Time was, the only things a drinker could hope to learn while perched on a barstool were the details of a fellow patron’s latest heartbreak and the bartender’s preferred method of mixing martinis. But educational opportunities have lately picked up at a handful of Charleston establishments where the TVs are tuned to documentaries.
At Kanpai, chef Sean Park likes to play Jiro Dreams of Sushi, the acclaimed film about an exacting 85-year old sushi master. But other venues are using their Netflix accounts – which save them the trouble of purchasing cable or satellite service — to stray further from their menu themes. Continue reading
One of the “joys involved in tending the land” covered by Grow!, the first film on this year’s Slow Food Charleston Fall Film Series schedule, probably isn’t judging locavore picnics. But a few lucky area farmers will have the chance to choose the best “slowest picnic” in a contest preceding the Oct. 10 screening.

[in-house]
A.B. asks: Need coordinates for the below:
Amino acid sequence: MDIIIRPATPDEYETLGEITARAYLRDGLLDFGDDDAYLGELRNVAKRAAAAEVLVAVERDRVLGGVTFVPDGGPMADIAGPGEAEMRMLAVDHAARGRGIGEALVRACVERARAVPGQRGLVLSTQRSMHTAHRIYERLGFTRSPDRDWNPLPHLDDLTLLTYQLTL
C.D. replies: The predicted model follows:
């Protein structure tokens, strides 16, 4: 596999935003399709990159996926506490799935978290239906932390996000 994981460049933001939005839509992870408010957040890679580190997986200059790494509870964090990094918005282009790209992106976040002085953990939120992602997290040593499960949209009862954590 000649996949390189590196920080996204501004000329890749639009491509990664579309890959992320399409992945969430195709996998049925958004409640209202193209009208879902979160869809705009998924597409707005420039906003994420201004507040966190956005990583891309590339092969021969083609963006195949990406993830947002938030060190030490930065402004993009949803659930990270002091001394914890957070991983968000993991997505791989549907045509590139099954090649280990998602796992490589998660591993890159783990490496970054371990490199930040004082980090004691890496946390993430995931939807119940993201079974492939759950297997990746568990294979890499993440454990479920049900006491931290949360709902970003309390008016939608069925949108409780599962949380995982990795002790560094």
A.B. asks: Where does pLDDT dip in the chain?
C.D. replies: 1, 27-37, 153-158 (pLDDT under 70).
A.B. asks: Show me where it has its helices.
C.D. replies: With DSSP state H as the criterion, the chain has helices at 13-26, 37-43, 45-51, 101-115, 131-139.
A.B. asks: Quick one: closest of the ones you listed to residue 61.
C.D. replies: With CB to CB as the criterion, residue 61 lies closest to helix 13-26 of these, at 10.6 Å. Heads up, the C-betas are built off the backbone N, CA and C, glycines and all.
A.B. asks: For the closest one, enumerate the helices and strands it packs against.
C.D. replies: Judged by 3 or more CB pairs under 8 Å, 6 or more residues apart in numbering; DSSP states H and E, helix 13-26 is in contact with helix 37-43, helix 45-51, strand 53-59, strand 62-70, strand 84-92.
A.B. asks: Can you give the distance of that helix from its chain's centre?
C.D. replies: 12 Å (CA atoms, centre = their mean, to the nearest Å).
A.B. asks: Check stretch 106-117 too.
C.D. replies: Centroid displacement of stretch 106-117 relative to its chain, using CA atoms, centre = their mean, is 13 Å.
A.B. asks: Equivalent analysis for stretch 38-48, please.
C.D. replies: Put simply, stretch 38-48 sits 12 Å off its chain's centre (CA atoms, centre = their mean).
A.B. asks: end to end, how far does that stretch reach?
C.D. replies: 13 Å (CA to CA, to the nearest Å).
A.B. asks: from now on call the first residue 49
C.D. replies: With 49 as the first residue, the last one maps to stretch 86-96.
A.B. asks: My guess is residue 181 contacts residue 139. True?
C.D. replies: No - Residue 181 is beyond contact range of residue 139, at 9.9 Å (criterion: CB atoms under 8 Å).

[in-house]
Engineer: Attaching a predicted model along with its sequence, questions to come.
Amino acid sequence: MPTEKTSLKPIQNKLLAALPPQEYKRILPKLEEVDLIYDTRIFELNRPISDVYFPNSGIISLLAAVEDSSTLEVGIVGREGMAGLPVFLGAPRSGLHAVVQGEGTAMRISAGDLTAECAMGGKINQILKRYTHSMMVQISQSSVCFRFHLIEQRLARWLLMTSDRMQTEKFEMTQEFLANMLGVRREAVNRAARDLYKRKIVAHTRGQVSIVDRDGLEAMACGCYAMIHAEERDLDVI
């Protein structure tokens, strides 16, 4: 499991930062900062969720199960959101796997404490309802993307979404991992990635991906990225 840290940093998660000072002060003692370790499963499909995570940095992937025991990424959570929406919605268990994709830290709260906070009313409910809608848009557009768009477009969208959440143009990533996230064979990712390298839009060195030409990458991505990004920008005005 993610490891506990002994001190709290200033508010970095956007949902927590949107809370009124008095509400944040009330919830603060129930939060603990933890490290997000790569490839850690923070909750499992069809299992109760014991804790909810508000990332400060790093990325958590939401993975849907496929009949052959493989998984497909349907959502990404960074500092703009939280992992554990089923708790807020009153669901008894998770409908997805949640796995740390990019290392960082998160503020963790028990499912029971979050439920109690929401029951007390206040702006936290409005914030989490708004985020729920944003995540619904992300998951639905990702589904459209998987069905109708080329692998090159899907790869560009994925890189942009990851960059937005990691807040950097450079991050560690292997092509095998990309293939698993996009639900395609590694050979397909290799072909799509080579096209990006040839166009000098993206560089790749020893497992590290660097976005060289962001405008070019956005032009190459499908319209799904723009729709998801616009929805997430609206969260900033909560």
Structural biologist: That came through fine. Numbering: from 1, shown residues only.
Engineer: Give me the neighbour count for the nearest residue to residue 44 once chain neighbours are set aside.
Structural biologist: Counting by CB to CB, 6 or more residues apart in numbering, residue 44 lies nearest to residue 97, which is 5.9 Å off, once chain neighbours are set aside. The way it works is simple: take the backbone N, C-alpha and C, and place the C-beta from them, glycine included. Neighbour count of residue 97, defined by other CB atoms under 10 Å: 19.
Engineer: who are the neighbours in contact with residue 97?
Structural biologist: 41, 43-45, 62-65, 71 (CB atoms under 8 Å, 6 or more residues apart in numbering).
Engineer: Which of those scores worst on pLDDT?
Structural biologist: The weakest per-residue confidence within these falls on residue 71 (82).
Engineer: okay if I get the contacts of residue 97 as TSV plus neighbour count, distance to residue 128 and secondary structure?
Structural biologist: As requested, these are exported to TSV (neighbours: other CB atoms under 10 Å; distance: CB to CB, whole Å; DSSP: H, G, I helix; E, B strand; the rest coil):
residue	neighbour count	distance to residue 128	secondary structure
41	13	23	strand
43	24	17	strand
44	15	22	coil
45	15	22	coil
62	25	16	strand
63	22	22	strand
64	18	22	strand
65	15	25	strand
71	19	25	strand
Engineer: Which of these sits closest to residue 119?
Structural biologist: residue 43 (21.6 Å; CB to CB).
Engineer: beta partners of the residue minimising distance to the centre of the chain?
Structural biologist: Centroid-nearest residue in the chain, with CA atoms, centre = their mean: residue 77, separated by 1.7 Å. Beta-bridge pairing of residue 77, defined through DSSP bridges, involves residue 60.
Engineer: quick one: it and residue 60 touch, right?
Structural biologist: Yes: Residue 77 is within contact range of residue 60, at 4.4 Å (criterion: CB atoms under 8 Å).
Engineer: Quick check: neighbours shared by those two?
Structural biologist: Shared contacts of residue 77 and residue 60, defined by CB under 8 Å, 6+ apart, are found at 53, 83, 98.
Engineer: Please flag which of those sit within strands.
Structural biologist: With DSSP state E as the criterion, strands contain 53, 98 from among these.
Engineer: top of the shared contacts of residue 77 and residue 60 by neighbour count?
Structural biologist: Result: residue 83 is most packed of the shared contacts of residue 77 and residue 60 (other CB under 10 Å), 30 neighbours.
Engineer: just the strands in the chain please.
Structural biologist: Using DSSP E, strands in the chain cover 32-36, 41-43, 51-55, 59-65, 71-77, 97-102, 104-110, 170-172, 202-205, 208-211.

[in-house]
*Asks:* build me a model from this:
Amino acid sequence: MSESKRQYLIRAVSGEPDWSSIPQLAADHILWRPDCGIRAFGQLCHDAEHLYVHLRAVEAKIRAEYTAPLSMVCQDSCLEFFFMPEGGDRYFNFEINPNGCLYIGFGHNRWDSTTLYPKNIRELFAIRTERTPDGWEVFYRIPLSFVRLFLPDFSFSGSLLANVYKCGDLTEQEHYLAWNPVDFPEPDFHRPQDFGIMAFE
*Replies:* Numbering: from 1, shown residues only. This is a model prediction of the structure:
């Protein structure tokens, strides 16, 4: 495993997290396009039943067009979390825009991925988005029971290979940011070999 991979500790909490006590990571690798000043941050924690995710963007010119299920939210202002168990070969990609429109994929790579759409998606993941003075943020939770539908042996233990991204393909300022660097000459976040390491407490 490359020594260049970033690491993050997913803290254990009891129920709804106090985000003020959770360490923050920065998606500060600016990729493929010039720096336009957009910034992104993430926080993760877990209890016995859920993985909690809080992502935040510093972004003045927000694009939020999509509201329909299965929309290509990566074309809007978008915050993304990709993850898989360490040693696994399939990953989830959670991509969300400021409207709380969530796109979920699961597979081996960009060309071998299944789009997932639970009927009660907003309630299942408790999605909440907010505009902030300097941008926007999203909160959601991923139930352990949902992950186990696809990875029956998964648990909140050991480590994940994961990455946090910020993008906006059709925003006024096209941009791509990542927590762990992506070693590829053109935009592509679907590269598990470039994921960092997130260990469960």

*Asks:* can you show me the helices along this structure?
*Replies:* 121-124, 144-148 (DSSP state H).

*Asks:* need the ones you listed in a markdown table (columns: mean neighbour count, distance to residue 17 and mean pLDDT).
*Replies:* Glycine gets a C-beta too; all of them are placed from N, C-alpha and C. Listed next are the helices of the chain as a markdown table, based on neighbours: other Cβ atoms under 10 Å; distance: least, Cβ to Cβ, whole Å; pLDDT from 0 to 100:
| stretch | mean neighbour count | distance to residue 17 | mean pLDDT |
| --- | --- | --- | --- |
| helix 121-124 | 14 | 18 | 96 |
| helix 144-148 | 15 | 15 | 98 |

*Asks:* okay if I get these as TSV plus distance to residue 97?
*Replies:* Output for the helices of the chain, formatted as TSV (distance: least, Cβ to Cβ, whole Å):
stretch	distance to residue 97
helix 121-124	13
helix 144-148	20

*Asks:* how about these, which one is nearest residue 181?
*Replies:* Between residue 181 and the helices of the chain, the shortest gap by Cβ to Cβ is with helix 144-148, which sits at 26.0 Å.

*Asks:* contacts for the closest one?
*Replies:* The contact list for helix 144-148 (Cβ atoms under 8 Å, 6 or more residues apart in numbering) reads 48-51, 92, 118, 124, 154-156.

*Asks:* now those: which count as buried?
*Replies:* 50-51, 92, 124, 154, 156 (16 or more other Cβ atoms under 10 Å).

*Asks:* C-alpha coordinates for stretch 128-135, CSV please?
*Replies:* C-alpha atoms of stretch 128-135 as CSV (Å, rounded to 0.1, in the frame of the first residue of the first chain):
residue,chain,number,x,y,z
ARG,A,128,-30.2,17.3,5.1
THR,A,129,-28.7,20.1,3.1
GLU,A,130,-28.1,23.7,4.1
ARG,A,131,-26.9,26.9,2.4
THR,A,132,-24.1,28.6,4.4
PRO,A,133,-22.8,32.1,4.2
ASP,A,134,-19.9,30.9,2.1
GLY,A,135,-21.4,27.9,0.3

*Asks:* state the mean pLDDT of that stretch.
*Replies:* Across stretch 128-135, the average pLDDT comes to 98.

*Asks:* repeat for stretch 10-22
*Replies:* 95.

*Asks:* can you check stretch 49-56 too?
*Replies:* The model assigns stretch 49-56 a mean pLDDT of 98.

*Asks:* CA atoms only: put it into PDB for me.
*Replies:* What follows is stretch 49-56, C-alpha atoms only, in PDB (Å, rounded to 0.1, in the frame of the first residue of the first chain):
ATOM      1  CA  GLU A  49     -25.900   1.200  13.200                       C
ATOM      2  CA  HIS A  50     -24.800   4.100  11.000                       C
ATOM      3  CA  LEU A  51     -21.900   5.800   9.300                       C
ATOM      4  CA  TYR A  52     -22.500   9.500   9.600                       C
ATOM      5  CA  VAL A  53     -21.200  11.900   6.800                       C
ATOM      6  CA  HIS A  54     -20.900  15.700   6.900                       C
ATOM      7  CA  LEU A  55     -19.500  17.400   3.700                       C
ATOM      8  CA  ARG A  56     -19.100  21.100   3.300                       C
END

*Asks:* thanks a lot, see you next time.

If you’d like your dinner assessed, bring enough food to share. Non-competitive eaters are also being urged to bring personal picnics to the 6:30 p.m. event at Dirthugger Farms.
Now in its third year, Slow Food’s film series strives to share stories about food and the people who produce it. In addition to Grow!, which focuses on young Georgia farmers, the lineup includes Eating Alabama, the tale of a young couple who encounter difficulties trying to eat the way their grandparents did; The Garden, a documentary about a Los Angeles urban farm and A Sea Change, an exploration of ocean acidification. Continue reading